Wrapping up this series, here are a few more non-price based reasons why users might choose open source:
Commercial software economics works best when a common source base is used to address the needs of many customers. This has two effects:
- Features used by many, or most, customers are well addressed. But niche features are left out, or less completely implemented
- Features are included, that you, as a unique individual customer, will never use.
If you are a service provider, Amazon, or Twitter, for example, you likely have some specialized needs that are not common to the typical customer. Open source gives you the ability to add missing features, or change the implementation of features that are already there.
Surplus features have a cost in resource usage, and in bug exposure. More lines of code = higher probability of bugs. More code also brings a higher security risk exposure. Open source gives you a starting point, from which you can potentially remove code associated with unwanted features.
Suppose doing this removes 5% of memory usage, and removes a library with chronic patch requirements. This small difference wouldn’t concern a small business running a single instance. But if you are a service provider, running 1,000s of instances 24 by 7, getting rid of the fat is attractive.
Anybody can fix bugs
Access to the source can help with troubleshooting and document proper usage
Commercial software is commonly bundled with a time limited support agreement.
There will always be some subset of users that don’t even make an attempt to read documentation. This frequently results in a tiered support arrangement where a picket line of lesser skilled individuals filters out RTFM1 inquiries.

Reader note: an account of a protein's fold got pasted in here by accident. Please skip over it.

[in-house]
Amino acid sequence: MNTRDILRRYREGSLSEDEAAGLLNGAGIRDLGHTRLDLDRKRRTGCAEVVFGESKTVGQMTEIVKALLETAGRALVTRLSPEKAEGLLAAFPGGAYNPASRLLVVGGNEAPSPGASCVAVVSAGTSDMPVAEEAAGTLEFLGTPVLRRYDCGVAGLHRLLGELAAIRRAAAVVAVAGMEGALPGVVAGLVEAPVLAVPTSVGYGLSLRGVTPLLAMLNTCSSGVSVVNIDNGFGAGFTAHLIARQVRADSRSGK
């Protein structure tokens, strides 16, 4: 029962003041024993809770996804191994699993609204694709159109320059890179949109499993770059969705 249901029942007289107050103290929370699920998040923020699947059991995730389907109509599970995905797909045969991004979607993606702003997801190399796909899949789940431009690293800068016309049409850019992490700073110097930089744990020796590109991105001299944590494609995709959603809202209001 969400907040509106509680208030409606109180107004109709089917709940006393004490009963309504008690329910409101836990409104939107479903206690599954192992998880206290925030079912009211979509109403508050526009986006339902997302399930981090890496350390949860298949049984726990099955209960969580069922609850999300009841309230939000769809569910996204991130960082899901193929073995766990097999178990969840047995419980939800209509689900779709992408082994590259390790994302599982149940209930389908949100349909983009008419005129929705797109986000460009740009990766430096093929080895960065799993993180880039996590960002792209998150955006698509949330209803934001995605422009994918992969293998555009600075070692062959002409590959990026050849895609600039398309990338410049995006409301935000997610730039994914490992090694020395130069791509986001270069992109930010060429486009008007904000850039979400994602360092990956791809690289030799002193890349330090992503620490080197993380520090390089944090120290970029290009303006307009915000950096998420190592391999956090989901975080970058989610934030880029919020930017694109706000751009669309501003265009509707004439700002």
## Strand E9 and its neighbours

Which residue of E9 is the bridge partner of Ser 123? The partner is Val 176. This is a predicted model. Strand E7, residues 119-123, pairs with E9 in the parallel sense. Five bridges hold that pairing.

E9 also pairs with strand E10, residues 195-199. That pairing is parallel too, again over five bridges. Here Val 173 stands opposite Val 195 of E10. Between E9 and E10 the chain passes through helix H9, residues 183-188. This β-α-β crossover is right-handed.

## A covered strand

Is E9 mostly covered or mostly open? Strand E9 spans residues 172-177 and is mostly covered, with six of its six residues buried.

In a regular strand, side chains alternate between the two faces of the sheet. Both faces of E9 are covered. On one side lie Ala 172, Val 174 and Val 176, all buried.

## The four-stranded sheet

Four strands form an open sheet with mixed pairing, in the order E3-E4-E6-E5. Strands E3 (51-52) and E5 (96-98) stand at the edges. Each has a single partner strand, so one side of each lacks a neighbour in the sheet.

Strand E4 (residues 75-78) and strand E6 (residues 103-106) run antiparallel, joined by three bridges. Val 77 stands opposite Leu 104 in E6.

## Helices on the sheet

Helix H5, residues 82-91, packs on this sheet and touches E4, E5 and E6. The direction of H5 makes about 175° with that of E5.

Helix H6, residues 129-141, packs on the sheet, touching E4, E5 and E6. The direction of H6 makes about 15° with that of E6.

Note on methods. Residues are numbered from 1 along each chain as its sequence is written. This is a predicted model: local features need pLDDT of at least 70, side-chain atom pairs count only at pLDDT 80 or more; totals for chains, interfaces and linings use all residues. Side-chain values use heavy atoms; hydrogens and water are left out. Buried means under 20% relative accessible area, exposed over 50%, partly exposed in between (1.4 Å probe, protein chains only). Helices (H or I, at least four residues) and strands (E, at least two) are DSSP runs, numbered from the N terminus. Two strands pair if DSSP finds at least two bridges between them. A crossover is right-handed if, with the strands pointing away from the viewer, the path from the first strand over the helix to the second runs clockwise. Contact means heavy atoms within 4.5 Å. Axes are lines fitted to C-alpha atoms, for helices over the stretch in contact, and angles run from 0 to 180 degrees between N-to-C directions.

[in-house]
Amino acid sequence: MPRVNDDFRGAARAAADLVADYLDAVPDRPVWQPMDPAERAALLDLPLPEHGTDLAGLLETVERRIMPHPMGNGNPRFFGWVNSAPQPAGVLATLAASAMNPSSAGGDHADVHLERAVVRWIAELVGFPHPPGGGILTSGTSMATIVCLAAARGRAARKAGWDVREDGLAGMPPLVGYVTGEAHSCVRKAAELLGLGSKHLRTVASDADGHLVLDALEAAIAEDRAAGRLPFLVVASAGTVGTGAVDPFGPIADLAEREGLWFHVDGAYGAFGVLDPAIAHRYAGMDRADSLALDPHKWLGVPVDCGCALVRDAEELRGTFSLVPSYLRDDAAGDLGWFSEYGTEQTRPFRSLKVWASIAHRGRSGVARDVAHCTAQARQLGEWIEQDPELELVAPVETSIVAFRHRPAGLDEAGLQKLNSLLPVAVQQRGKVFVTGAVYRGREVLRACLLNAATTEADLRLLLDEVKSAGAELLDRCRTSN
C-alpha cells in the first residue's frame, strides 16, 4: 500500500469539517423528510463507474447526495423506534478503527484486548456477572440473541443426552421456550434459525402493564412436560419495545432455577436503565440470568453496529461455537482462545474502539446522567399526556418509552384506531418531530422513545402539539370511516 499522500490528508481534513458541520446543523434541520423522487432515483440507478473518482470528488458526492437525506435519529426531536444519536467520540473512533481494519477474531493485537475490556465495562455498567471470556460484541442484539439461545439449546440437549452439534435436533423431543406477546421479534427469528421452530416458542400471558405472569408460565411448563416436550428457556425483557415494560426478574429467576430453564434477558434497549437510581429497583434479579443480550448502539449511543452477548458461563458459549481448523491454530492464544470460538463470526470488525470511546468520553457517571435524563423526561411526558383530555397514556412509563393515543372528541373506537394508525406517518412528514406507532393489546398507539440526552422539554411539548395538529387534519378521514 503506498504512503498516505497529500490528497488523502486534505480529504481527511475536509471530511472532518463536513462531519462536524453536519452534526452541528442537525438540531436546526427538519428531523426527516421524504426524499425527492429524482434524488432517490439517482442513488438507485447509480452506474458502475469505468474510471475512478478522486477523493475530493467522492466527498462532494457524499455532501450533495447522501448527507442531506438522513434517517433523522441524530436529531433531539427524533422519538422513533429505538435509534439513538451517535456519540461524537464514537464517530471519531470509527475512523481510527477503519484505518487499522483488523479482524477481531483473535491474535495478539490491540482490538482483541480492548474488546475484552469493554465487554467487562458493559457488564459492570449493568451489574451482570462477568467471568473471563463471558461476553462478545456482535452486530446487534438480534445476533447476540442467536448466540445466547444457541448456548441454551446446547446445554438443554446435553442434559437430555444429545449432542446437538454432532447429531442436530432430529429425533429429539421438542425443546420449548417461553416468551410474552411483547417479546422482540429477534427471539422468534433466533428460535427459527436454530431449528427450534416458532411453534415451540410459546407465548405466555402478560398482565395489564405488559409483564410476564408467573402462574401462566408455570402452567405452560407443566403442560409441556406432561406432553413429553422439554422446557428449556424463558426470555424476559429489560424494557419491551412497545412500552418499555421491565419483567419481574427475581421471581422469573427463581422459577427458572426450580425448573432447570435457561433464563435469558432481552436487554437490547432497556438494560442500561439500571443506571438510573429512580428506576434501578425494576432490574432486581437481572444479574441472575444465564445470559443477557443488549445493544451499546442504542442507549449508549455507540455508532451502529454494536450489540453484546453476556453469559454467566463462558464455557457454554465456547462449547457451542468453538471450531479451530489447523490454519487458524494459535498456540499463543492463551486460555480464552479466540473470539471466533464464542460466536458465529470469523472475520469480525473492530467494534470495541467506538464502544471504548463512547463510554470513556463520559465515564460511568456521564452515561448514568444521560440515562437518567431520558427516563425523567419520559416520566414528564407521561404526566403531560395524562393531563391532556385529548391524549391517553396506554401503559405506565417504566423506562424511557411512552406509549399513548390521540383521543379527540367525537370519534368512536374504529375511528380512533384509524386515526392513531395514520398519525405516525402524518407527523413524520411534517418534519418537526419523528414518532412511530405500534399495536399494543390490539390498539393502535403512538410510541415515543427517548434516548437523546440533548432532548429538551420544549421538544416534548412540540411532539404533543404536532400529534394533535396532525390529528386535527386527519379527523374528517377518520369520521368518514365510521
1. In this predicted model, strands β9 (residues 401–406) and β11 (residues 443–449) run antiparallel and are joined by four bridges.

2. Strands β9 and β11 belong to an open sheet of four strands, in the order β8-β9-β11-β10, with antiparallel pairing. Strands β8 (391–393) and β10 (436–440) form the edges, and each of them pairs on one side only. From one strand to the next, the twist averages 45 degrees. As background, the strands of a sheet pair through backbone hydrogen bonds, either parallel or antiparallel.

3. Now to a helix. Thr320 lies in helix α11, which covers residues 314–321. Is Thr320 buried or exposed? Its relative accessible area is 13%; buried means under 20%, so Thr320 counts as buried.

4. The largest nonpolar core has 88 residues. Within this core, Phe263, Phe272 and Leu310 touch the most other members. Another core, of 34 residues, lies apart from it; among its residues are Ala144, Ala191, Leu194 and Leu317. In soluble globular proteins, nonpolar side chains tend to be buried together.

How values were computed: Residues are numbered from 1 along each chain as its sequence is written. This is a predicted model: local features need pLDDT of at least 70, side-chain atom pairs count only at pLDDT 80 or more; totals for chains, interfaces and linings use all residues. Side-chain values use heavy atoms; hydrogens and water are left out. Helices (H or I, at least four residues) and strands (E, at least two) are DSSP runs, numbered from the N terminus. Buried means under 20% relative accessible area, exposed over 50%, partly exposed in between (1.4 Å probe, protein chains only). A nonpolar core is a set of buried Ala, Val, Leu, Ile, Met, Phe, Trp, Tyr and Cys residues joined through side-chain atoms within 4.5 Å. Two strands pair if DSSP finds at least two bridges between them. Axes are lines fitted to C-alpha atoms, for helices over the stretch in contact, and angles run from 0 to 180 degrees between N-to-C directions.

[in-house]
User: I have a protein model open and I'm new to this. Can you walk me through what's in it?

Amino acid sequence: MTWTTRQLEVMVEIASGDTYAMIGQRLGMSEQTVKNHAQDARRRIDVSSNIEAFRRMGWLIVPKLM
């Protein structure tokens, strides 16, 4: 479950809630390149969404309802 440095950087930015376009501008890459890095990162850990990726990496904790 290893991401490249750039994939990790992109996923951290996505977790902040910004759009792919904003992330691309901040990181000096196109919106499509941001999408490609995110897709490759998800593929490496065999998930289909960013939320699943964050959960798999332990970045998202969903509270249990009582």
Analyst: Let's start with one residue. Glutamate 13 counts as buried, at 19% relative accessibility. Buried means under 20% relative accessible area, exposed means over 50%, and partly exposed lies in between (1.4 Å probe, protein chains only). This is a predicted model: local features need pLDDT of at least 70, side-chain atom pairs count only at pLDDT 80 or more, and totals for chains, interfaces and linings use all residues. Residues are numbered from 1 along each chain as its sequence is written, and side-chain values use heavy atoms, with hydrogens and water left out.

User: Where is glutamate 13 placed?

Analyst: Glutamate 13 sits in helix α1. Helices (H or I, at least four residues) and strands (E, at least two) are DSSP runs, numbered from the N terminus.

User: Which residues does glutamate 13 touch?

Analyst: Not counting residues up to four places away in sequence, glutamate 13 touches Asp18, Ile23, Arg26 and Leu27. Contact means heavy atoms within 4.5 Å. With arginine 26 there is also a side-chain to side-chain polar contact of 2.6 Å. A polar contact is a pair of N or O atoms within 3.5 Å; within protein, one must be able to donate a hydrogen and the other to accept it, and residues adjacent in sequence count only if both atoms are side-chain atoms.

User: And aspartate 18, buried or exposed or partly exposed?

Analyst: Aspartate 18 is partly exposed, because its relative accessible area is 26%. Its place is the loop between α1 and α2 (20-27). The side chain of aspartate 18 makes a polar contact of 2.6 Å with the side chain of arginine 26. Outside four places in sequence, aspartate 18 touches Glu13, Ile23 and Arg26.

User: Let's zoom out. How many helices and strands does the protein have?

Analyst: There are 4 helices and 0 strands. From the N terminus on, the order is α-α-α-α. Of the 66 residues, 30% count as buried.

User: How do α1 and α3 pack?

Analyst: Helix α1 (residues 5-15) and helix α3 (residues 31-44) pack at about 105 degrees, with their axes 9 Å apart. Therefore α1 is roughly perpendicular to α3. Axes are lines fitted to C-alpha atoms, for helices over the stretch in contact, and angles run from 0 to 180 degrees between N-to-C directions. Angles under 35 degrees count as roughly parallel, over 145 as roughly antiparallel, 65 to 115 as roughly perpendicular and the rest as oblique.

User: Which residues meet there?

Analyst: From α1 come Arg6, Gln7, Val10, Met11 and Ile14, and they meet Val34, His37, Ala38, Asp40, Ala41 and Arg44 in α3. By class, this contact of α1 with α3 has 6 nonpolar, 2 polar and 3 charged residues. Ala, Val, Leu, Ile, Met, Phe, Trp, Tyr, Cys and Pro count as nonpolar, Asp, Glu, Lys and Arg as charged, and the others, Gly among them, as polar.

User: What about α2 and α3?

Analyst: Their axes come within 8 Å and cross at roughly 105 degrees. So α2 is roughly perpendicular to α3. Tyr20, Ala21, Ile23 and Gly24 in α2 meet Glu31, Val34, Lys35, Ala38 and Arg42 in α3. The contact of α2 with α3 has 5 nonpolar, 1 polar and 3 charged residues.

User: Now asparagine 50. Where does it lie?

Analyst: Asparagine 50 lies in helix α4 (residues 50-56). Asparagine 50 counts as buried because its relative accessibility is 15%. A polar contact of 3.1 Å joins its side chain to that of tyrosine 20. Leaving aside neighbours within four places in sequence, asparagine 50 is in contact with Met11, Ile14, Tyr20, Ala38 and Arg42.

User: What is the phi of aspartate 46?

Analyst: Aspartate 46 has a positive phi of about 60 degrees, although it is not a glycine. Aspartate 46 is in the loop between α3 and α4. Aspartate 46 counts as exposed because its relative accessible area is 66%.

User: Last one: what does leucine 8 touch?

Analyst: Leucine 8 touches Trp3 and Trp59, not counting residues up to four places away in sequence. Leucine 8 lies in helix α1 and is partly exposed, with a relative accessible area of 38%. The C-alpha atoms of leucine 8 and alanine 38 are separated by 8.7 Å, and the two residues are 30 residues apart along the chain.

If your organization is staffed with skilled and trained users, you could well have higher caliber people using the product, than those staffing the vendor’s support organization. Self-help, with access to source code might resolve problems faster, and more effectively than paid support.
Source code access is somewhat analogous to having a car maker publish technical service manuals. Just because the service manual is available, doesn’t mean that you have to fix the car yourself. Most people still elect to get car service from the manufacturer. Odds are, you also have the option of using a third party repair shop. And if you are technically inclined, and have the time, you retain the option to try to fix it yourself.
There are vendors that publish source and still offer paid support. Even if you elect to take advantage of the paid support, the availability of the source can be useful to those on your staff that are technically advanced. Depending on the open source licensing terms, it might also cultivate a vigorous community of third party tools, extensions, and collateral documentation.
You do not risk getting stranded if the vendor loses interest in the product or encounters solvency issues
Companies don’t usually live forever. And even if they are still around, product lines can be dropped or sold off.
Take Windows XP as an example. In spite of a large user base, Microsoft elected to drop conventional support, and halt new sales of the software. Let’s assume that this decision was warranted, because the internal architecture was so technologically obsolete that attempts to secure the OS would amount to a complete rewrite anyway.
There could still be unfortunate users, who have applications that depend on XP – and are comfortable that they constrain it to a partitioned environment that mitigates the risks.
Open source at least offers the option of supporting abandoned software by yourself, through a third party, or with a community of users with a similar interest.